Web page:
Illustration: Aïda Amer/Axios

The electric vehicle revolution in America will eventually have to be driven by SUVs and trucks, even though the majority of EVs sold to this date have been cars.

The big picture: SUVs and trucks accounted for 72% of new vehicles sold in the U.S. last month, compared to 49% in December 2012, per AP.

  • But only two of the vehicles scheduled for unveiling at the Detroit auto show are electrified, AP notes, and neither are ready for the road.
  • And one of the two, the Infiniti QX Inspiration concept electric SUV, had a technical issue and wasn't able to be shown, the Detroit Free Press notes.

"Because of the shift, Ford, Fiat Chrysler and General Motors are canceling some or all of their sedan lines."

  • "At the same time, they are hedging their bets by planning electrics and hybrids to give people fuel-efficient SUV options should gas prices rise from the current national average of around $2.24 per gallon."
  • Volkswagen's first electric SUV in North America comes in 2020: The company plans to invest $34 billion on EV development by 2023, with the factory capacity to build up to 15 million EVs globally by 2025.
  • There already are some fully electric SUVs in the U.S. market: Tesla Model X, Jaguar i-Pace, Hyundai Kona EV, Kia Niro, Audi e-tron.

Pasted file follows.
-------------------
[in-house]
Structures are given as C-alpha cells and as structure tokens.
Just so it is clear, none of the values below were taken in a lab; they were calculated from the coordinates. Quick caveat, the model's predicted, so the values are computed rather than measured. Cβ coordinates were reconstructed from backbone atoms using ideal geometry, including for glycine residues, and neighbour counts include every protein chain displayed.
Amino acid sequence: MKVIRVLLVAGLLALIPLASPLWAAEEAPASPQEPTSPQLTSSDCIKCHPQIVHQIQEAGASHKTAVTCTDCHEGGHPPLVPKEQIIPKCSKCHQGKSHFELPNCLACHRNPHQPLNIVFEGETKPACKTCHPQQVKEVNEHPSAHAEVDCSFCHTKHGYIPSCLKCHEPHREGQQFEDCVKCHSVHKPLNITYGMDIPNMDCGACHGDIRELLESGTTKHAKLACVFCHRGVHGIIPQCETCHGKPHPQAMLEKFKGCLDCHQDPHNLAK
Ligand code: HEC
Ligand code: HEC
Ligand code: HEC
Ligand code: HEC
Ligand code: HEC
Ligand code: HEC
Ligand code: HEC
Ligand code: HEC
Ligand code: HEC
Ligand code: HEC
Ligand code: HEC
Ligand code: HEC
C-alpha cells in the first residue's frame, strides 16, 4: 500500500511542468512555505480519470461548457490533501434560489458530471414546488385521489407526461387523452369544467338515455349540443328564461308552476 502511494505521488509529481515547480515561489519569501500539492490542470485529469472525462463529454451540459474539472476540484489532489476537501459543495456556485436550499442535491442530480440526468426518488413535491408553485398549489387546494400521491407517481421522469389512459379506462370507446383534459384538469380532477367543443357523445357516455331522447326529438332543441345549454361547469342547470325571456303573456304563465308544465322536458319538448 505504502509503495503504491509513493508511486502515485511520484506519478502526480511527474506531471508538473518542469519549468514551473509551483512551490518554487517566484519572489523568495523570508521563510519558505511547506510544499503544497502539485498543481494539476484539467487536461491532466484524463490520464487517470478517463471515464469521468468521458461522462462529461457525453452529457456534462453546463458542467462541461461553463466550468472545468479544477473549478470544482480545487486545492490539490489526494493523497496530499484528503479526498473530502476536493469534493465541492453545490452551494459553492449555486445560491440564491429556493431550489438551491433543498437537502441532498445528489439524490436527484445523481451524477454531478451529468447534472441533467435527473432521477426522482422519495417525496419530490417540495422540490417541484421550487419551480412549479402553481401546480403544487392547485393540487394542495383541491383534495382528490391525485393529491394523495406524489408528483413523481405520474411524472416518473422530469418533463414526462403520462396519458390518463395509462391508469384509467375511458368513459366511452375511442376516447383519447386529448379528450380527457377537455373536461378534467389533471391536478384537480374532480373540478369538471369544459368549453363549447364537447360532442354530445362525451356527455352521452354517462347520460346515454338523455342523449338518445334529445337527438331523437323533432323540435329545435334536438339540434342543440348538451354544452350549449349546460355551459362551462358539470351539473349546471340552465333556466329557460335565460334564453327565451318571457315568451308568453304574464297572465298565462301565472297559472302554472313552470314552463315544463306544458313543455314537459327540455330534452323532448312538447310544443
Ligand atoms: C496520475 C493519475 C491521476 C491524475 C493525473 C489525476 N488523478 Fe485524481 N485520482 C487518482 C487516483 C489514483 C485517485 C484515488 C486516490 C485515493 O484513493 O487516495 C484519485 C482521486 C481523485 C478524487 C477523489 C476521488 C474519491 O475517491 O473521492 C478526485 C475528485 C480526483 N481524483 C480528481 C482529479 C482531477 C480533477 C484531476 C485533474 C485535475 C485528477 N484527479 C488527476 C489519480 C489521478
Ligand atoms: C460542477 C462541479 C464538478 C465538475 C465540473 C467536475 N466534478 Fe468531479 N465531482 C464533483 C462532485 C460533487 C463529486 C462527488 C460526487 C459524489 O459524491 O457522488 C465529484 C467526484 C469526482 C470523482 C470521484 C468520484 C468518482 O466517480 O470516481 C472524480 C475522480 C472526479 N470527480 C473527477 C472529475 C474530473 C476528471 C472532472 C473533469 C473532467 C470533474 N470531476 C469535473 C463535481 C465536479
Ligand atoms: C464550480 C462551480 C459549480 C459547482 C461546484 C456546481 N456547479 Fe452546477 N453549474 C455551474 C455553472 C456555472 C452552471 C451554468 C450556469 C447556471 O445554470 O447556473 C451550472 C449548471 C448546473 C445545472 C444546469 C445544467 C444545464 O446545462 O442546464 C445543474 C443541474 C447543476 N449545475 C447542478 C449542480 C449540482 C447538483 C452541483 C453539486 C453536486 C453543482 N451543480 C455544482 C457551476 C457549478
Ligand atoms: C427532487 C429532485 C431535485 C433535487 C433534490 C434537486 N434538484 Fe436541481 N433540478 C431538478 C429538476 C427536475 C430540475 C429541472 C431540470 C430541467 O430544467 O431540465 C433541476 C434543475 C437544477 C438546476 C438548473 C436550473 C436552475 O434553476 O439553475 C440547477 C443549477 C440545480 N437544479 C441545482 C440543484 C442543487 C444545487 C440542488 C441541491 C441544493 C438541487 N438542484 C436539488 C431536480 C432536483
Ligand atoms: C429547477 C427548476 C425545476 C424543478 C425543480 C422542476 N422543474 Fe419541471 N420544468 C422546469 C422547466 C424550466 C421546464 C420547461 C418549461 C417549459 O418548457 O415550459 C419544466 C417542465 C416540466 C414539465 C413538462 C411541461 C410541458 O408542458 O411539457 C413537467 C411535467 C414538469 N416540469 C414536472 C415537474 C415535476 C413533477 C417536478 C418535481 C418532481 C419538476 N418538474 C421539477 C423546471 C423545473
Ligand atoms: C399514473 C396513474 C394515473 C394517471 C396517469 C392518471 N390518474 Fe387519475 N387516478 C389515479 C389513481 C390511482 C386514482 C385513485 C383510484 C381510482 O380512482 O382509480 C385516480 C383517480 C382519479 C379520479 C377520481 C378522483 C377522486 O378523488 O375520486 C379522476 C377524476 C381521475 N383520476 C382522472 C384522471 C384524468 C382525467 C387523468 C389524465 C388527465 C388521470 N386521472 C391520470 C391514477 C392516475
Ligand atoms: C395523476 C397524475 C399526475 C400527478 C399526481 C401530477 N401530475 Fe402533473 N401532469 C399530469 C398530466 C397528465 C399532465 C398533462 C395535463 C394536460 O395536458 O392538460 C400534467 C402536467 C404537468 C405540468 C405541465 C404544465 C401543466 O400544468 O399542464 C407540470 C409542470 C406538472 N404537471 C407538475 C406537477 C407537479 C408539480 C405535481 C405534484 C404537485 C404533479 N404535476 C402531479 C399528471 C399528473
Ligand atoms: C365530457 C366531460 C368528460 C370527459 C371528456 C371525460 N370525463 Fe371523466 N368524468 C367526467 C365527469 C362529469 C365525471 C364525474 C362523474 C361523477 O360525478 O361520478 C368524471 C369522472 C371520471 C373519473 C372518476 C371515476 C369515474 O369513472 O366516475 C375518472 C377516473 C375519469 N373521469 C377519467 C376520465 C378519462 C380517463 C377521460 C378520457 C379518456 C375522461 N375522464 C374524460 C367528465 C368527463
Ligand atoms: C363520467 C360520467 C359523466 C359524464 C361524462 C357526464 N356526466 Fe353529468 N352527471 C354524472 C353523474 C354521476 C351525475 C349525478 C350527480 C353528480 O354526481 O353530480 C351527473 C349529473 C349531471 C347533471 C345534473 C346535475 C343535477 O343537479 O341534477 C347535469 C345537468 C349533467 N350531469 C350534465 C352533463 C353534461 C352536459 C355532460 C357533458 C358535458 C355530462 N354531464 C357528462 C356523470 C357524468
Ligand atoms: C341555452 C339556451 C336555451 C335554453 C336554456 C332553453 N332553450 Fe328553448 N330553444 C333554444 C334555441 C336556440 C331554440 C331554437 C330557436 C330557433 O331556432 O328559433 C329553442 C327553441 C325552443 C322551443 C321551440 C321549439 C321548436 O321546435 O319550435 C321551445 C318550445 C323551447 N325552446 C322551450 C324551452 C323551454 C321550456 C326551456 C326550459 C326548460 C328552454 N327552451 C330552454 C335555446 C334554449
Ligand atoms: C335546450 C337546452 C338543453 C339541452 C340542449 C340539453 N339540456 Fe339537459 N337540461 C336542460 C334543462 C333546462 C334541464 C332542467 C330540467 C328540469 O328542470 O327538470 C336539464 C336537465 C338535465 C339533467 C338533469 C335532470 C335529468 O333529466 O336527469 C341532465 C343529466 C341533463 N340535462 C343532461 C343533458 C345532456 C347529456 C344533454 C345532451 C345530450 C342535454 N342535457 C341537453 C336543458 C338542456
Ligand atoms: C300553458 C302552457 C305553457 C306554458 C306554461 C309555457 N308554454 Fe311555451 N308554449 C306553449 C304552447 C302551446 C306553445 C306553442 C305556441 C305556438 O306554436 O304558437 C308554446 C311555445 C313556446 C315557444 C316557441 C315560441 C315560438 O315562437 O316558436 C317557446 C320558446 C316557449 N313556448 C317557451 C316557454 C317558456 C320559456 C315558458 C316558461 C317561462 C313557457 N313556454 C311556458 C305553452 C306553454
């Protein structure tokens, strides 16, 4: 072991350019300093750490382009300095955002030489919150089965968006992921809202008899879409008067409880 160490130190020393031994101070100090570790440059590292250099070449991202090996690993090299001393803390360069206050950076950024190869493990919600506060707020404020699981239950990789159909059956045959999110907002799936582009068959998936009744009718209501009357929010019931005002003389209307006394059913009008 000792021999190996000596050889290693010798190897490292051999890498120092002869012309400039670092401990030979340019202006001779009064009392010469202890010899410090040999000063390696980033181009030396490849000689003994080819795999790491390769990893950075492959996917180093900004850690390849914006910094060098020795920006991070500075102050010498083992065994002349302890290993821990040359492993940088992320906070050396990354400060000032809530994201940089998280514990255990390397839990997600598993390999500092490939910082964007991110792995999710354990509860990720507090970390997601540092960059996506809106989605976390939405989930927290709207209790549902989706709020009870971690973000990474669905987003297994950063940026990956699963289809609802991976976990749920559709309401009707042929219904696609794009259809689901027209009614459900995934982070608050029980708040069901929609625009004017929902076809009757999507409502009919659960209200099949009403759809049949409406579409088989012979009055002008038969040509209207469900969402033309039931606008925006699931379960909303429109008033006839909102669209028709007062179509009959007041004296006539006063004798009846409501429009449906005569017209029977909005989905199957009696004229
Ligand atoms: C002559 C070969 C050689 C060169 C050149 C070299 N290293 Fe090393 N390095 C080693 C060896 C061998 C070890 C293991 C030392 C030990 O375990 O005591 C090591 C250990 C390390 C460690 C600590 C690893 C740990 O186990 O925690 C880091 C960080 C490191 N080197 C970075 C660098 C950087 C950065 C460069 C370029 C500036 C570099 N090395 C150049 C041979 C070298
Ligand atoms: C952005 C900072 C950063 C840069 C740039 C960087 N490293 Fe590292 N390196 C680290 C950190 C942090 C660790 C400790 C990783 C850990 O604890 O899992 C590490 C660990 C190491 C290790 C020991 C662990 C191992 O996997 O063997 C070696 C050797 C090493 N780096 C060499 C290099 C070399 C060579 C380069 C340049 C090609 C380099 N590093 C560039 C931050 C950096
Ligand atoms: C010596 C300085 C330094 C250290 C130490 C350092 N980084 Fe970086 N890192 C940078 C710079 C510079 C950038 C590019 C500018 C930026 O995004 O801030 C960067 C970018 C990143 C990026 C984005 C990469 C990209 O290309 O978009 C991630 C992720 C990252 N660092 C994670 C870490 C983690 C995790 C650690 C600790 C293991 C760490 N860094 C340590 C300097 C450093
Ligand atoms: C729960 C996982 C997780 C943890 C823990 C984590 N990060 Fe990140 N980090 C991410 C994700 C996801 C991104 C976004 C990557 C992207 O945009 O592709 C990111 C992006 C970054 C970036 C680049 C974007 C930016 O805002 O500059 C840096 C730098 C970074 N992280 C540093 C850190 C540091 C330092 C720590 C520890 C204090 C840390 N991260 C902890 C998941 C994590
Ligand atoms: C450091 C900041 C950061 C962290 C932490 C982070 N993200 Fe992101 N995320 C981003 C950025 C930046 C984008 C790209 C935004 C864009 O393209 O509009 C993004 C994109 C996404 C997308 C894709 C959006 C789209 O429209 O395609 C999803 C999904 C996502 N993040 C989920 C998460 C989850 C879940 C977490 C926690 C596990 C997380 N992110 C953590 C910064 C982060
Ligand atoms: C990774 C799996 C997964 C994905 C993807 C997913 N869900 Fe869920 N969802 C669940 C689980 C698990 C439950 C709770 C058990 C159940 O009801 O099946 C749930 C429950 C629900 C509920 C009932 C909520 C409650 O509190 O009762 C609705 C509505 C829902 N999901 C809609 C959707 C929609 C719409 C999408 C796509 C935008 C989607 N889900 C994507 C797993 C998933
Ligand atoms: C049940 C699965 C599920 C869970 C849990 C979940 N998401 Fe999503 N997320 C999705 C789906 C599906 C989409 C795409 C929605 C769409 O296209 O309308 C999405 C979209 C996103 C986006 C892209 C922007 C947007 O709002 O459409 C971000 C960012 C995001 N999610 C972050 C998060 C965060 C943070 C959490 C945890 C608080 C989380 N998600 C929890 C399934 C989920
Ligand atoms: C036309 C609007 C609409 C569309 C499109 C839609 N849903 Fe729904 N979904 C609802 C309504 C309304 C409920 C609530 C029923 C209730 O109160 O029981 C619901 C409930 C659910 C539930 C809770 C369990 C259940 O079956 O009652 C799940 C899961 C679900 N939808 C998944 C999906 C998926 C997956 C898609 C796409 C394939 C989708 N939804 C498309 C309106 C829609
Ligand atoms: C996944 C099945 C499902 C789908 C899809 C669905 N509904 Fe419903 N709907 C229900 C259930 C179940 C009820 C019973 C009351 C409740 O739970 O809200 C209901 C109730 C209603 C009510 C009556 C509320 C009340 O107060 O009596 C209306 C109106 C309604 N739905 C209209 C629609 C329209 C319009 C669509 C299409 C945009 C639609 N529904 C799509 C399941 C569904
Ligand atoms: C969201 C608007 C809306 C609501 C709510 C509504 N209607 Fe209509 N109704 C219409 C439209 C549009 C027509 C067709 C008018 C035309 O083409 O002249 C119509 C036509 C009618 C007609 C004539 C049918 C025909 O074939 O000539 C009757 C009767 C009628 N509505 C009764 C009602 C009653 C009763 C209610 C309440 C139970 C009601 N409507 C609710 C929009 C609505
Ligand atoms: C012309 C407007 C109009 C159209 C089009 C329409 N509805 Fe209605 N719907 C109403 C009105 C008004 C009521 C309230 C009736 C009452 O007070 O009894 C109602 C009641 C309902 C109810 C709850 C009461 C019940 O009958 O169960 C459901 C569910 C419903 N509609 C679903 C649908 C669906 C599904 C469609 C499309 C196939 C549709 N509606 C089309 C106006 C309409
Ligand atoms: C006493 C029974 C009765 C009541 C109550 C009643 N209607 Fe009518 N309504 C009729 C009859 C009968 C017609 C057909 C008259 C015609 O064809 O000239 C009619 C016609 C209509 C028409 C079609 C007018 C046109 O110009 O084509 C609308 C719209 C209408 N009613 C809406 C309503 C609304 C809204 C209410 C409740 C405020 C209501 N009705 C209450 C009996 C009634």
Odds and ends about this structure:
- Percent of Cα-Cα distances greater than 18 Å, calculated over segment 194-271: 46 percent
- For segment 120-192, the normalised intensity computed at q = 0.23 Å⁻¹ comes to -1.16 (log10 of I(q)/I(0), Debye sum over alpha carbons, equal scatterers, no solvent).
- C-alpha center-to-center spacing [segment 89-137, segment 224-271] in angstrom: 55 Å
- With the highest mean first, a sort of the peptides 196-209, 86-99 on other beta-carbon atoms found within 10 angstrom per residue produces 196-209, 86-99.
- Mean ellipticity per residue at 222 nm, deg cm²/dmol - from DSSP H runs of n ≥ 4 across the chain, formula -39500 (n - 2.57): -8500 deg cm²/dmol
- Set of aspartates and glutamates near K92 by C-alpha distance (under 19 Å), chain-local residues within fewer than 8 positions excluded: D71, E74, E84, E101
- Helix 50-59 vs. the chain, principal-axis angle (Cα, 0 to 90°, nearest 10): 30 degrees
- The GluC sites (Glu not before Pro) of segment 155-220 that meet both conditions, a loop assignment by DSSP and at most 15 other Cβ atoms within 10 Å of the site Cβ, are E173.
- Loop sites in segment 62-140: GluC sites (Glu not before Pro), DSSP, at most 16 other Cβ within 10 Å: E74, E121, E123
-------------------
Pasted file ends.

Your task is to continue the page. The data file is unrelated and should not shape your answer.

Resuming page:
• The Kona EV, which starts at $28,950 after tax credits and has a range of 258 miles, was named the North American Utility of the Year.

What’s next: The number of electric SUVs on the market is slated to grow, while some electrified pickups are planned too.

Between the lines: The global EV market is well underway thanks to regulations and subsidies abroad, but those factors are less certain in the U.S. even as domestic sales are rising sharply.

  • "[A]utomakers thought their new vehicle fleet had to average about 36 miles per gallon by 2025 under U.S. fuel economy standards," AP notes.
  • "But the Trump administration has proposed freezing those standards at 2020 levels, a move that will spark a court challenge and a fight with California, which can set its own gas mileage and greenhouse gas standards."

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